Malic acid is helpful with liver disease helping the liver eliminate ammonia that is very toxic to the brain. Magnesium is required in adequate amounts for the normal activity of 300 enzymes including the transfer of energy from food to ATP and the transfer of ATP energy to physical and mental activity. ATP works by forming a complex with magnesium. Therefore, adequate magnesium intake is essential for ATP production and action.
The use of magnesium and malic acid in combination was investigated at the University of Texas Health Science Center in San Antonio, Texas. Twenty-four fibromyalgia patients were given malic acid and magnesium in dose escalation trials.
Their finding demonstrated a significant reduction in pain and tenderness after six months of nutritional therapy. The dose amount used was 200 mg. of malic acid with 500 mg. of magnesium, up to 6 tablets, twice daily. Their conclusion was malic acid and magnesium is safe and may be beneficial in the treatment of patients with fibromyalgia.
This study was reported in the Journal of Rheumatology, May 1995.
At the Pain & Stress Center 12 patients out of 12, aged 40 to 55, diagnosed with FM and chronic pain syndrome, noted a remarkable improvement in overall feeling. Patients received 1200 mg. per day, 600 mg. of malic acid in the morning and 600 mg. in the evening combined with magnesium and B6. They reported less stiffness, soreness, and fewer trigger points. About 50% required less trigger point injections after 2 weeks. After 90 days all of the patients were able to return to normal activities and regular exercise such as walking and swimming.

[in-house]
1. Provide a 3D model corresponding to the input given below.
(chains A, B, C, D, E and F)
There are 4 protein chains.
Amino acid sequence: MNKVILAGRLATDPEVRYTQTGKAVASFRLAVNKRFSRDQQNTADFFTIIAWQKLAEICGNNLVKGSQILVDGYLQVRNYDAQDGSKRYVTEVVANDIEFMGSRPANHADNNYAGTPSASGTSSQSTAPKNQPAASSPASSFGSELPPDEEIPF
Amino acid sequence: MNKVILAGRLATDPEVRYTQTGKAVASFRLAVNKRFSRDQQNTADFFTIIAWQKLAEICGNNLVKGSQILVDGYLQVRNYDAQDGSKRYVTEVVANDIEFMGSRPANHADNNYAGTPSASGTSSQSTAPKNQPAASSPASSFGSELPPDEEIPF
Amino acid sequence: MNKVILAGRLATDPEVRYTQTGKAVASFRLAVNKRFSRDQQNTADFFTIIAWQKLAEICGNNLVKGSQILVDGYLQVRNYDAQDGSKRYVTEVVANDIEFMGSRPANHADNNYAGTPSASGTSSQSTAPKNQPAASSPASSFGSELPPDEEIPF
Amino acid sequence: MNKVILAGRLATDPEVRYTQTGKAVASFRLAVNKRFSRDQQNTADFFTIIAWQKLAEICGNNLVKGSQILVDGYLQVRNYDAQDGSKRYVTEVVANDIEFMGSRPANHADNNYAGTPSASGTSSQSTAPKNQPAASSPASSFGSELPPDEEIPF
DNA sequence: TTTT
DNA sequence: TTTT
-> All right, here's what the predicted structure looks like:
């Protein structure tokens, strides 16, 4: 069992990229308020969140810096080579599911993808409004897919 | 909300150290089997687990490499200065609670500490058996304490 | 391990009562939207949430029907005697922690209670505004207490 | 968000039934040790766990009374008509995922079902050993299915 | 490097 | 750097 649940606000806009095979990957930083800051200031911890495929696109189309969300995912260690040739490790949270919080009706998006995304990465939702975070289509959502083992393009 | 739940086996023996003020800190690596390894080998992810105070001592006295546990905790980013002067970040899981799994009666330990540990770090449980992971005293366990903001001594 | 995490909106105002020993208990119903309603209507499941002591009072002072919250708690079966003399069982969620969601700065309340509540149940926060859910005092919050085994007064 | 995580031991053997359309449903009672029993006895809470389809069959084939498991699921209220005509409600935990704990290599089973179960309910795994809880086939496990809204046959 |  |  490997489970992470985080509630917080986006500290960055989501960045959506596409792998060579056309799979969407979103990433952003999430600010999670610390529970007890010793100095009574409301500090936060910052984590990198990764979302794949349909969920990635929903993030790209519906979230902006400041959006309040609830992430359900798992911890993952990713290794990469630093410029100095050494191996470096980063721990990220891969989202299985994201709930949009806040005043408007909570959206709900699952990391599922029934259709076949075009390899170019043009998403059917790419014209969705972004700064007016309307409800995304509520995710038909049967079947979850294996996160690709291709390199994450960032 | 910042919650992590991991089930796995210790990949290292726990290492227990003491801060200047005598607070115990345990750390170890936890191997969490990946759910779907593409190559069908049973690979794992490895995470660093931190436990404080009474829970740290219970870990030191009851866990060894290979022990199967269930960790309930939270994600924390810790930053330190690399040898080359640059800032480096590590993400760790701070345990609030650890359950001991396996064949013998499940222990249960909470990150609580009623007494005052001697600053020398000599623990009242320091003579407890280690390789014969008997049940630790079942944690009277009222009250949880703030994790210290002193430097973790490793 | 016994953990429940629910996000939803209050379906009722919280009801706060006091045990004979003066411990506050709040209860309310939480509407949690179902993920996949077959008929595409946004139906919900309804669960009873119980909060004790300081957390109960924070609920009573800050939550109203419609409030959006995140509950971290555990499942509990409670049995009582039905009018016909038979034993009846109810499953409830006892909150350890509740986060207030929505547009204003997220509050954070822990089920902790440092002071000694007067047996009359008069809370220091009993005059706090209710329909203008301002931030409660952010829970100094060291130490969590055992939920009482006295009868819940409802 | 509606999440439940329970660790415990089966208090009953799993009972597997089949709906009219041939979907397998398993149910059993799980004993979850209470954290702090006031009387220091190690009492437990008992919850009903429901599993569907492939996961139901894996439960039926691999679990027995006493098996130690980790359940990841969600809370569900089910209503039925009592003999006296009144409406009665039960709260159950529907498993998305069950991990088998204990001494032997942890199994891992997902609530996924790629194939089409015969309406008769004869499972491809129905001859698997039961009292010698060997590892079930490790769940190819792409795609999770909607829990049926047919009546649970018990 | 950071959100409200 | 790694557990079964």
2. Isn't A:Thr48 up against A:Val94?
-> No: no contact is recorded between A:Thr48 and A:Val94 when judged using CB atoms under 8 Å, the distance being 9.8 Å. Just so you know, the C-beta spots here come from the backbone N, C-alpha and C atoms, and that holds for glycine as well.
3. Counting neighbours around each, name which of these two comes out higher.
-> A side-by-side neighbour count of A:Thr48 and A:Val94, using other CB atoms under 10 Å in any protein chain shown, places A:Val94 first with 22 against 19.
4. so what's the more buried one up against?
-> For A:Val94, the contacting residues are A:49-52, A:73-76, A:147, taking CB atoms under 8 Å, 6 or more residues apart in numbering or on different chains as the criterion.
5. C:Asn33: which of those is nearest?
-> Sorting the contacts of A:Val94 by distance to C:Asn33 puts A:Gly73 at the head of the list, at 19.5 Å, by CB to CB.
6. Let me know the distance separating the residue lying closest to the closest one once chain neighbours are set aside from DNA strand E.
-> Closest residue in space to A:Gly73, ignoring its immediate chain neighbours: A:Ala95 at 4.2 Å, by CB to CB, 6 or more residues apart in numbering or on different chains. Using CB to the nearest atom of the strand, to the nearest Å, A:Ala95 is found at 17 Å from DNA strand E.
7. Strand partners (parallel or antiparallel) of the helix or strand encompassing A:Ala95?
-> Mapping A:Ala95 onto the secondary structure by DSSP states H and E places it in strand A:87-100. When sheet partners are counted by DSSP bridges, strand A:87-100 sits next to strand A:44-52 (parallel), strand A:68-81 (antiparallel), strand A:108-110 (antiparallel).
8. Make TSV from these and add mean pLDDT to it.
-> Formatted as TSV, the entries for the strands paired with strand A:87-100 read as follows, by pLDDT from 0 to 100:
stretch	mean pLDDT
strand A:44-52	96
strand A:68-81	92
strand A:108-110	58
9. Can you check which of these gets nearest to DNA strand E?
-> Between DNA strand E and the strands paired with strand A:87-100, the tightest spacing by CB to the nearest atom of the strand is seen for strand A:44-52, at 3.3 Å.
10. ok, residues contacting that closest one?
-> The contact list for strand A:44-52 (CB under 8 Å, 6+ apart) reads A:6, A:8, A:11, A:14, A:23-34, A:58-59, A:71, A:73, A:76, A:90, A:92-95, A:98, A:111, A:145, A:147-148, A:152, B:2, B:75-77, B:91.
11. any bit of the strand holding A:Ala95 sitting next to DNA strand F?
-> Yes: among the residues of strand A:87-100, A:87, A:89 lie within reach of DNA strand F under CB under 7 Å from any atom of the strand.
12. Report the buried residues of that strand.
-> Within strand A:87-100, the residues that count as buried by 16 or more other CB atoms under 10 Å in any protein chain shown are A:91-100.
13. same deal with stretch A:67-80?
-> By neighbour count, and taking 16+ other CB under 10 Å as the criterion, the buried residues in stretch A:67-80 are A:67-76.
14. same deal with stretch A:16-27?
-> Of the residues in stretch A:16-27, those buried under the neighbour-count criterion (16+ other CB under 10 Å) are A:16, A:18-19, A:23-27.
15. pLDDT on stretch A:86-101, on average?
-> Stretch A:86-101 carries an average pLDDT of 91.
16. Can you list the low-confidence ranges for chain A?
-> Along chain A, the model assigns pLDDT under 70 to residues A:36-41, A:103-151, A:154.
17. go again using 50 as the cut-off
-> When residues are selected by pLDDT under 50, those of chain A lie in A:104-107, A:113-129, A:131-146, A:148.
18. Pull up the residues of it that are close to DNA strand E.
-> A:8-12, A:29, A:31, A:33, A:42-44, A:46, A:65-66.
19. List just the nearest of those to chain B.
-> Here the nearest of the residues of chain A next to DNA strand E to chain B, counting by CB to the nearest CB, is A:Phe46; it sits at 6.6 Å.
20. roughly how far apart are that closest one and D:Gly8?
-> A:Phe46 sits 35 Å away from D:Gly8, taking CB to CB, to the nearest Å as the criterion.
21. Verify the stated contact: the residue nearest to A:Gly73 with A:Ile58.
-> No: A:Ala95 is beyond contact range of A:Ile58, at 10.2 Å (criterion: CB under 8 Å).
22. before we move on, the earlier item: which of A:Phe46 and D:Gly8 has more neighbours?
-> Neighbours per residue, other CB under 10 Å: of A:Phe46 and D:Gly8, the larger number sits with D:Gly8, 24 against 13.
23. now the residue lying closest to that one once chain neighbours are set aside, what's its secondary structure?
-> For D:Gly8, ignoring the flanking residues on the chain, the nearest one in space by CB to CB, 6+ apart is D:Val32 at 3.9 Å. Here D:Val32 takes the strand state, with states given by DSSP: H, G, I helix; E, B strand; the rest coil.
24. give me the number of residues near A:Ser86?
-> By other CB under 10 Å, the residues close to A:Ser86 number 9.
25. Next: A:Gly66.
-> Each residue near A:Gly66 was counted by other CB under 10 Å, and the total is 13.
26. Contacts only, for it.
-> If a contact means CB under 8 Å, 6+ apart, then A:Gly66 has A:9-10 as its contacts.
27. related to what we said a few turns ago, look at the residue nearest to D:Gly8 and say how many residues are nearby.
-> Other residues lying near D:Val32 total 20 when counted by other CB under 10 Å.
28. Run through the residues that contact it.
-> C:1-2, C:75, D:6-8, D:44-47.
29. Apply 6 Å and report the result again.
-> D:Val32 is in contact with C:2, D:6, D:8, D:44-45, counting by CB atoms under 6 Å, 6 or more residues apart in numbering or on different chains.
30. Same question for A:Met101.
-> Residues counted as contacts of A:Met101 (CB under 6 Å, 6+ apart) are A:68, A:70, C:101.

Interviews with FM patients revealed many similar symptoms. The number one problem is pain. Often, the major area is pain between the shoulder blades, followed by head and neck pain. Patients with FM describe a sensation of painful knots in their muscles or the sensation of a hot, burning knife being pressed into their bodies. Sometimes dull aches in the shoulder, thigh, and hip muscles accompany the knotty muscles. About 75% of FM sufferers report morning stiffness and soreness in the shoulders and upper back. Other related conditions that occur in individuals with FM include fatigue, TMJ, mitral valve prolapse, tension headaches, spastic colon, irritable bowel syndrome, hypothyroidism, irritable bladder syndrome, chest pain in the cartilage and muscles of the chest wall, knee cap pain, sleep disturbances, muscle spasms with trigger points, paresthesia (sensations of numbness or tingling) in arms or legs, and feelings of excessive dryness in mouth and eyes. Cognitive problems such as difficulties with thought processes, concentration, thinking and remembering clearly, anxiety, and depression have been reported. Many patients with FM have great difficulty carrying out the tasks of daily life because they have neurotransmitter deficiencies.
Glutamine is an inhibitory neurotransmitter and the precursor for GABA, the anti-anxiety amino acid. Glutamine helps the brain dispose of waste ammonia, a protein breakdown by-product that is irritating to brain cells, even at low levels. Recent scientific research on glutamine demonstrates its link to the most important functions of the body’s vital organs and musculoskeletal system.
Glutamine aids the body in muscle development when illness causes muscle-wasting occurring after a high fever, chronic stress, illness, or a traumatic accident. When glutamine is taken with balanced amino acids, it essentially prevents muscle breakdown (atrophy). Glutamine studies reported those who were intellectually impaired demonstrated an increase in IQ after taking glutamine in combination with Huperzine A and B6.